Russia's nuclear energy corporation Rosatom, builders of the Kudankulam Nuclear Power Project, plans to commission the second unit within this year, it said on Monday.
"According to current plans, this is expected in summer. But definitely it will happen this year," Rosatom's deputy CEO (Operations Management) Alexander Lokshin told journalists here referring to the KNPP.
The operator Nuclear Power Corporation of India (NPCIL) has postponed putting the power unit into commercial operation until July 2015, Rosatom said in a statement.
"Before that, commissioning had been postponed three times," it said.
"The construction of the second power unit has already been completed. At present the unit's equipment is being adjusted," the statement added.
NPCIL is hoping to load the real fuel in the second unit around June, for which it needs to get two more permissions from the Atomic Energy Regulatory Board, the state-run operators have said.
The first unit was connected to the southern power grid in October 2013, while commercial power generation began on December 31, 2014.
Meanwhile, on issues arising out of India's nuclear liability law, with the proposed nuclear insurance pool falling short by Rs.600 crore towards becoming operational, some foreign companies have shown an interest in being part of the initiative, the state-run General Insurance Corp. (GIC) said on Sunday.
"We have pursued some overseas players and have received good response. We are seeking their response on how to go about it," general manager GIC Y.Ramulu told reporters.
"We are also pursuing private sector companies. Six companies came with Rs.150 crore. Now, it has become Rs.900 crore. We are putting all our efforts into raising the remaining Rs.600 crore for operationalising the pool," he added.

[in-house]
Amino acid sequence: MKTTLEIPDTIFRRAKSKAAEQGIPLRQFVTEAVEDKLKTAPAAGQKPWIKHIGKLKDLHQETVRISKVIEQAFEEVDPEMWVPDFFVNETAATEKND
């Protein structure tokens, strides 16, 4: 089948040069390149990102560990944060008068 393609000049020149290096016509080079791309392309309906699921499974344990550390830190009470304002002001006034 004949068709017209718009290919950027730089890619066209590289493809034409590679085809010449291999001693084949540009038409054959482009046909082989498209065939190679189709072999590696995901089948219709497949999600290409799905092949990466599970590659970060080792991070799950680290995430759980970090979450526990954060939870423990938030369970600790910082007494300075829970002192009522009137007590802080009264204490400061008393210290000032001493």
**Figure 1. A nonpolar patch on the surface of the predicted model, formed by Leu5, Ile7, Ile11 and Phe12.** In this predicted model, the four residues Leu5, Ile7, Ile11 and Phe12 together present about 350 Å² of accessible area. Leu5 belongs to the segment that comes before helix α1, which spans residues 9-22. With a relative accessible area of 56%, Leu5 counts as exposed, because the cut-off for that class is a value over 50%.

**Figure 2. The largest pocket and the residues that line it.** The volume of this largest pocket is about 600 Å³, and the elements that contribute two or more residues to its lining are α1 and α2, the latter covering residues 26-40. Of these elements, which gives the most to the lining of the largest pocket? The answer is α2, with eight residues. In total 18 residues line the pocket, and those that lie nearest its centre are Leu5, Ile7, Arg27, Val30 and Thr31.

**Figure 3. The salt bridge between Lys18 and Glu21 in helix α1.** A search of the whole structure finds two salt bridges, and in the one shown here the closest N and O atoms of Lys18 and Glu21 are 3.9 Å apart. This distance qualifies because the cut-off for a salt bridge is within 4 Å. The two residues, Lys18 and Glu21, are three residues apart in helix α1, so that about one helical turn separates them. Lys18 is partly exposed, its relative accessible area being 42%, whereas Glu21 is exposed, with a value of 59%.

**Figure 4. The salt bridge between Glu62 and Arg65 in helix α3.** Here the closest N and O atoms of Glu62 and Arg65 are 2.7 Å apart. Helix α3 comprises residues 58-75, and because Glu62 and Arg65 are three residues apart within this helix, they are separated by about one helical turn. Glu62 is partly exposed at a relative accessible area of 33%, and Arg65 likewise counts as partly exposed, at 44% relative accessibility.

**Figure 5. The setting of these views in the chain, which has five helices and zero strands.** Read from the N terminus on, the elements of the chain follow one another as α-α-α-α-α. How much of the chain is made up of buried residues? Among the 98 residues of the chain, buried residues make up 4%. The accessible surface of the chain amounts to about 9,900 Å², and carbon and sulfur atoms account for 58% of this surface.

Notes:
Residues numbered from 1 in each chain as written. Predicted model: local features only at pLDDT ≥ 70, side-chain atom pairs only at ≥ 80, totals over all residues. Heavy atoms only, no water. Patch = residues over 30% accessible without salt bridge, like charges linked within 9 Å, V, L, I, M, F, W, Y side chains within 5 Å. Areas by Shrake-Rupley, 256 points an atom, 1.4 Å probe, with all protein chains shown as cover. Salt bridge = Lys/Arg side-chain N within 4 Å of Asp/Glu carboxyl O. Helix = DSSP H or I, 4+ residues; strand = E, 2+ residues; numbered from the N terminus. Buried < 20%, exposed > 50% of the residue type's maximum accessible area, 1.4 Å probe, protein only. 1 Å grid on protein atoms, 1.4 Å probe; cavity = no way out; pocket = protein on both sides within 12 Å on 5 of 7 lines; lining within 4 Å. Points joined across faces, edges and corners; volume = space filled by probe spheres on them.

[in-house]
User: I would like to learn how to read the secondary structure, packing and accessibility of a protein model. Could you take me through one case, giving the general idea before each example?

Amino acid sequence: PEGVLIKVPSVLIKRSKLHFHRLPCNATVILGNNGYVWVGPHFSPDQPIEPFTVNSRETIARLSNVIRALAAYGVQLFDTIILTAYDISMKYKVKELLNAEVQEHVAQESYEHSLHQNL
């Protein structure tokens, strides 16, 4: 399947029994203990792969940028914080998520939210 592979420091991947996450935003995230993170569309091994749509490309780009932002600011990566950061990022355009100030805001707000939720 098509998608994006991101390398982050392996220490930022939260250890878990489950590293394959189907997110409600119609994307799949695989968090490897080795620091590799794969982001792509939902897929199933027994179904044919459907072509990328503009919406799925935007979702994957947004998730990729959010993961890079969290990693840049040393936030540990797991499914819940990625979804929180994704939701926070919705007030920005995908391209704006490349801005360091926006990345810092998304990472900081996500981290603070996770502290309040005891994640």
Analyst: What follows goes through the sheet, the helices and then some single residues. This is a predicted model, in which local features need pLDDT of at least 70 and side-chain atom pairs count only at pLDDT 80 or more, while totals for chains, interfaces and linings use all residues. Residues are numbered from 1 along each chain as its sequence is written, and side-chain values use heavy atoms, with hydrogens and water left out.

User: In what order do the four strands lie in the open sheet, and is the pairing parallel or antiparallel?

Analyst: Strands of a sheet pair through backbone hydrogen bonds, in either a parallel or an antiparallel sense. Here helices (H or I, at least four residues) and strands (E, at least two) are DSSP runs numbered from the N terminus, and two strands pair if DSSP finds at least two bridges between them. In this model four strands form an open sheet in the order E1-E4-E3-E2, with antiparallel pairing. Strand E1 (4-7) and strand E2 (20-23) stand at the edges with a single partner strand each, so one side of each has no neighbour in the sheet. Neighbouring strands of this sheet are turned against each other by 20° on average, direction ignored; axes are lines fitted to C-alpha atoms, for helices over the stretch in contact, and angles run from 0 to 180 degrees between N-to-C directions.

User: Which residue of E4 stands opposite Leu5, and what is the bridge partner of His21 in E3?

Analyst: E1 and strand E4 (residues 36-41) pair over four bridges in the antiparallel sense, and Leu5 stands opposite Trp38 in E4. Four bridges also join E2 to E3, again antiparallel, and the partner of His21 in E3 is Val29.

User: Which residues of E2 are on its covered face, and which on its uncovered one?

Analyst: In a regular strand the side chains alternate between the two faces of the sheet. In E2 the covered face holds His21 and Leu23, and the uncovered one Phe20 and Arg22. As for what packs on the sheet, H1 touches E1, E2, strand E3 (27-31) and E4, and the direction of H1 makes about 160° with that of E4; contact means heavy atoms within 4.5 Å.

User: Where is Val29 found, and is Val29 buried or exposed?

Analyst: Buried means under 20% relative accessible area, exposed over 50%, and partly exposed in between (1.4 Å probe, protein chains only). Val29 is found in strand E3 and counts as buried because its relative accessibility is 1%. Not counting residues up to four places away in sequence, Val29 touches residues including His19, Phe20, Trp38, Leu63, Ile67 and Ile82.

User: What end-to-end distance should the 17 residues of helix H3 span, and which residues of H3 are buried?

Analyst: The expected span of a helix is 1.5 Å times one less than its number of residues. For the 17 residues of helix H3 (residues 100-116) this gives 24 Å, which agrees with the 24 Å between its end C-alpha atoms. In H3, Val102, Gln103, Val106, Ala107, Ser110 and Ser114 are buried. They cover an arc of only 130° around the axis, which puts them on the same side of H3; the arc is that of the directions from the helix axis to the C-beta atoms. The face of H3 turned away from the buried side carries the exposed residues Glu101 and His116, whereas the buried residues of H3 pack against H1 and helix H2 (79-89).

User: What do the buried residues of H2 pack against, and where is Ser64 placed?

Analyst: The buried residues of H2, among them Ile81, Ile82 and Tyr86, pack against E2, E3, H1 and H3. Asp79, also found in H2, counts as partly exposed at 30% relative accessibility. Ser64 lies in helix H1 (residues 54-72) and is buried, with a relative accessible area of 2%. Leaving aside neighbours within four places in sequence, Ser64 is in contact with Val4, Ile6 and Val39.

The Civil Liability for Nuclear Damage Act, 2010, prescribes that the nuclear insurance pool be made operational with funds of Rs.1,500 crore.
With India's nuclear liability issue holding up deals with various countries, GIC recently conducted an international workshop of stake-holders here on creation of a nuclear insurance pool.
"The General Insurance Corporation have conducted an international workshop in New Delhi on March 20, 2015 to take inputs from various stake-holders as well as clarify their doubts in the context of development of an appropriate insurance product to cover the liability under Civil Liability for Nuclear Damages (CLND) Act," Minister of State in the Prime Minister's Office Jitendra Singh told the Rajya Sabha in a written reply earlier this month.
An official source told IANS that GIC had said that of the Rs.1,500 crore of insurance cover required for the proposed Nuclear Insurance Pool, it would be in a position to provide only Rs.750 crore equivalent of insurance.
Under the CLND Act, besides the operator Nuclear Power Corp, equipment and material suppliers are also liable to pay damages if an accident occurs. Compensation of up to $244 million will have to be paid in case of an accident at any of the nuclear plant covered by the law.
Currently, nuclear plants in India only have insurance cover for zones that are outside the area of radiation and reactors. The new pool will provide insurance cover for both hot zones -- radiation and nuclear reactors -- and cold zones -- outside the reactor areas.